An additional borehole-fluid sampling development is now under way. This effort is being led by P. Lysne (Sandia) and J. Edmund (MIT), who are working on the sampling apparatus, and K. Von Damm (New Hampshire), who is overseeing design and construction of a manifold and associated uphole plumbing for the tool. This tool is intended to be a high-temperature, slim-hole sampler, capable of running on a wireline and maintaining sample integrity during tool ascent. This tool is also intended to provide borehole temperature and pressure information. Later versions of this tool may also contain nuclear-logging capabilities.
The Geophysical Properties tool (Geoprops) was intended to provide information on the in-situ mechanical and hydrogeological properties of sediments in accretionary complexes. In 1987 D. Karig (Cornell) obtained NSF funding for a feasibility study of tool design. The 1988 feasibility study (authored by Karig and E. Taylor) described a tool comprising two inflatable, instrumented packers and a sampling apparatus, to be deployed through a conventional ODP coring bit into a previously drilled pilot hole. The pilot hole would be approximately 4 in. in diameter and drilled with a developmental coring system then being developed by ODP. Geoprops would provide information on formation temperature, pore pressure, permeability, in-situ horizontal stress, and pore-fluid composition (by sampling). Development and testing was intended to be completed in time for a scheduled leg to the Nankai accretionary complex in late 1989.
Funding for construction of Geoprops was obtained through NSF, and a contract was let with TAM International, the same company that had designed and built the successful ODP straddle packer. Unfortunately, TAM had little experience with the kind of development associated with Geoprops, and was also busy at the same time with design and construction of a wireline sampler for LDEO, so work on Geoprops was delayed. Problems also developed with the Navidrill coring system, which tended to stall; eventually this latter system was abandoned, and a new design was prepared for a motor-driven core barrel (MCDB) to replace the Navidrill. The Nankai leg was also delayed for 4 months, but the Geoprops probe was still not ready; Leg 131 to the Nankai accretionary complex sailed without Geoprops.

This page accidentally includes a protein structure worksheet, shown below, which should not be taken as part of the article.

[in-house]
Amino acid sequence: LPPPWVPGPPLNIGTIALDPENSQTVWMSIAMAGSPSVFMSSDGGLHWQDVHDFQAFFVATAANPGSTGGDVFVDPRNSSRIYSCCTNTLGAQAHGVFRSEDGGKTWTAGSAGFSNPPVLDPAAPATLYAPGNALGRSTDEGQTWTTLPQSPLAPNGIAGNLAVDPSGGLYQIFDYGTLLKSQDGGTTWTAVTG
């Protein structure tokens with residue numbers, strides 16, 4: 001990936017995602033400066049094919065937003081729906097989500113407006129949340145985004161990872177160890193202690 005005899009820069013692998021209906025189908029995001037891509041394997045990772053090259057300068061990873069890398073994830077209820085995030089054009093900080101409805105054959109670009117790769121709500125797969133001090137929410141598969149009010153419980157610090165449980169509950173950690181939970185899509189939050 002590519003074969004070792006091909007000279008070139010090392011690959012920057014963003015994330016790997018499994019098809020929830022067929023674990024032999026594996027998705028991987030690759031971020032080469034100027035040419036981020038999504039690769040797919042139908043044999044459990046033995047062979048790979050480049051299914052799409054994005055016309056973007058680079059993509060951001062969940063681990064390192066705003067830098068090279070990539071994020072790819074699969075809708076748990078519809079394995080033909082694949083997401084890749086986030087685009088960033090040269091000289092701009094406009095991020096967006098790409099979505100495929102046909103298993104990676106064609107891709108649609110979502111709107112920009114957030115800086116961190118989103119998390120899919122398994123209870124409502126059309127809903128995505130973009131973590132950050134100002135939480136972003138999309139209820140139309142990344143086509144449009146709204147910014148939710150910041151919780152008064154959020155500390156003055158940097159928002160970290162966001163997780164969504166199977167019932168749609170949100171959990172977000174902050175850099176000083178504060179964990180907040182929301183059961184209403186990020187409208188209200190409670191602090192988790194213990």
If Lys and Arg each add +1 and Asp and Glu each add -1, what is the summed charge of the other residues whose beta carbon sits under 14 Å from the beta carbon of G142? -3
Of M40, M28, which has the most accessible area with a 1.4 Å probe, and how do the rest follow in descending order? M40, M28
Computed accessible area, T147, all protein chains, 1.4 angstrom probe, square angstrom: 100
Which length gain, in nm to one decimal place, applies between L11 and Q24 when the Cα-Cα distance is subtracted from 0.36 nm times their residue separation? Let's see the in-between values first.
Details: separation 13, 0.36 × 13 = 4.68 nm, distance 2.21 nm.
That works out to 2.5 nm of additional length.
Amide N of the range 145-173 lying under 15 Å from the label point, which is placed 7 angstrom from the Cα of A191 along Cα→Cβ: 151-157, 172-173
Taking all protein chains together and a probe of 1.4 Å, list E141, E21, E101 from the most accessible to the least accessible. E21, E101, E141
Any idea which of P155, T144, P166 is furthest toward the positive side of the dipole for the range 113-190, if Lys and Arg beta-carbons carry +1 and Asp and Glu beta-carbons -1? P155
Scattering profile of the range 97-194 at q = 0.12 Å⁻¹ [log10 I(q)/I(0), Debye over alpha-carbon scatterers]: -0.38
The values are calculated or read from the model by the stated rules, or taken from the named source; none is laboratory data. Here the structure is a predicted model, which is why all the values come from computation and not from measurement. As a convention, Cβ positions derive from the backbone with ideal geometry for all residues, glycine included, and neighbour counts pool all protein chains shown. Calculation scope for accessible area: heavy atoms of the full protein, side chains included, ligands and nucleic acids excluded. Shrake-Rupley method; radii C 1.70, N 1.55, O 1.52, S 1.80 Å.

Two Geoprops tools were made available for land testing several months after the Nankai leg, in August 1990. Problems were soon discovered with the valve and shear-pin systems used to actuate different Geoprops functions, and some redesign was needed. A second series of bench tests was completed in June 1991, revealing additional valve, seal, and shear-pin problems. Additional recommendations from ODP engineers included redesign of the shock-absorbing system (necessary for intended free-fall deployment), compilation of electronics drawings and a list of spare parts, more extensive bench testing of individual components, and considerations of design upgrades affecting the sampling mechanism, materials of construction, and ease of operation. TAM felt they had fulfilled their obligation to the project and did not take part in these additional developments.
Karig decided not to pursue funding for these developments, but B. Carson (Lehigh) was supported by NSF to complete an additional phase of development and testing in time for ODP Leg 146 to the Cascadia margin. ODP engineer S. McGrath was assigned to oversee this new phase of development and testing, and a contract was let to an engineering consultant to do the actual work. Additional modifications and testing continued through the summer of 1992, and two modified Geoprops tools were sailed for "field testing" during Leg 146. Geoprops was finally deployed at Site 889 on the Cascadia margin, but the tool would not fully penetrate the MDCB pilot hole, so the packer could not be inflated. The tool was later dropped into the BHA and flow tested in the water column at Site 892 to learn more about its behavior under pressure. During this test, the Geoprops thermistors and shock sub failed. Additional modifications to the plumbing configuration and deployment method have also been recommended, although it is unclear at this time whether or not work with this tool will continue.
3. LAST I and II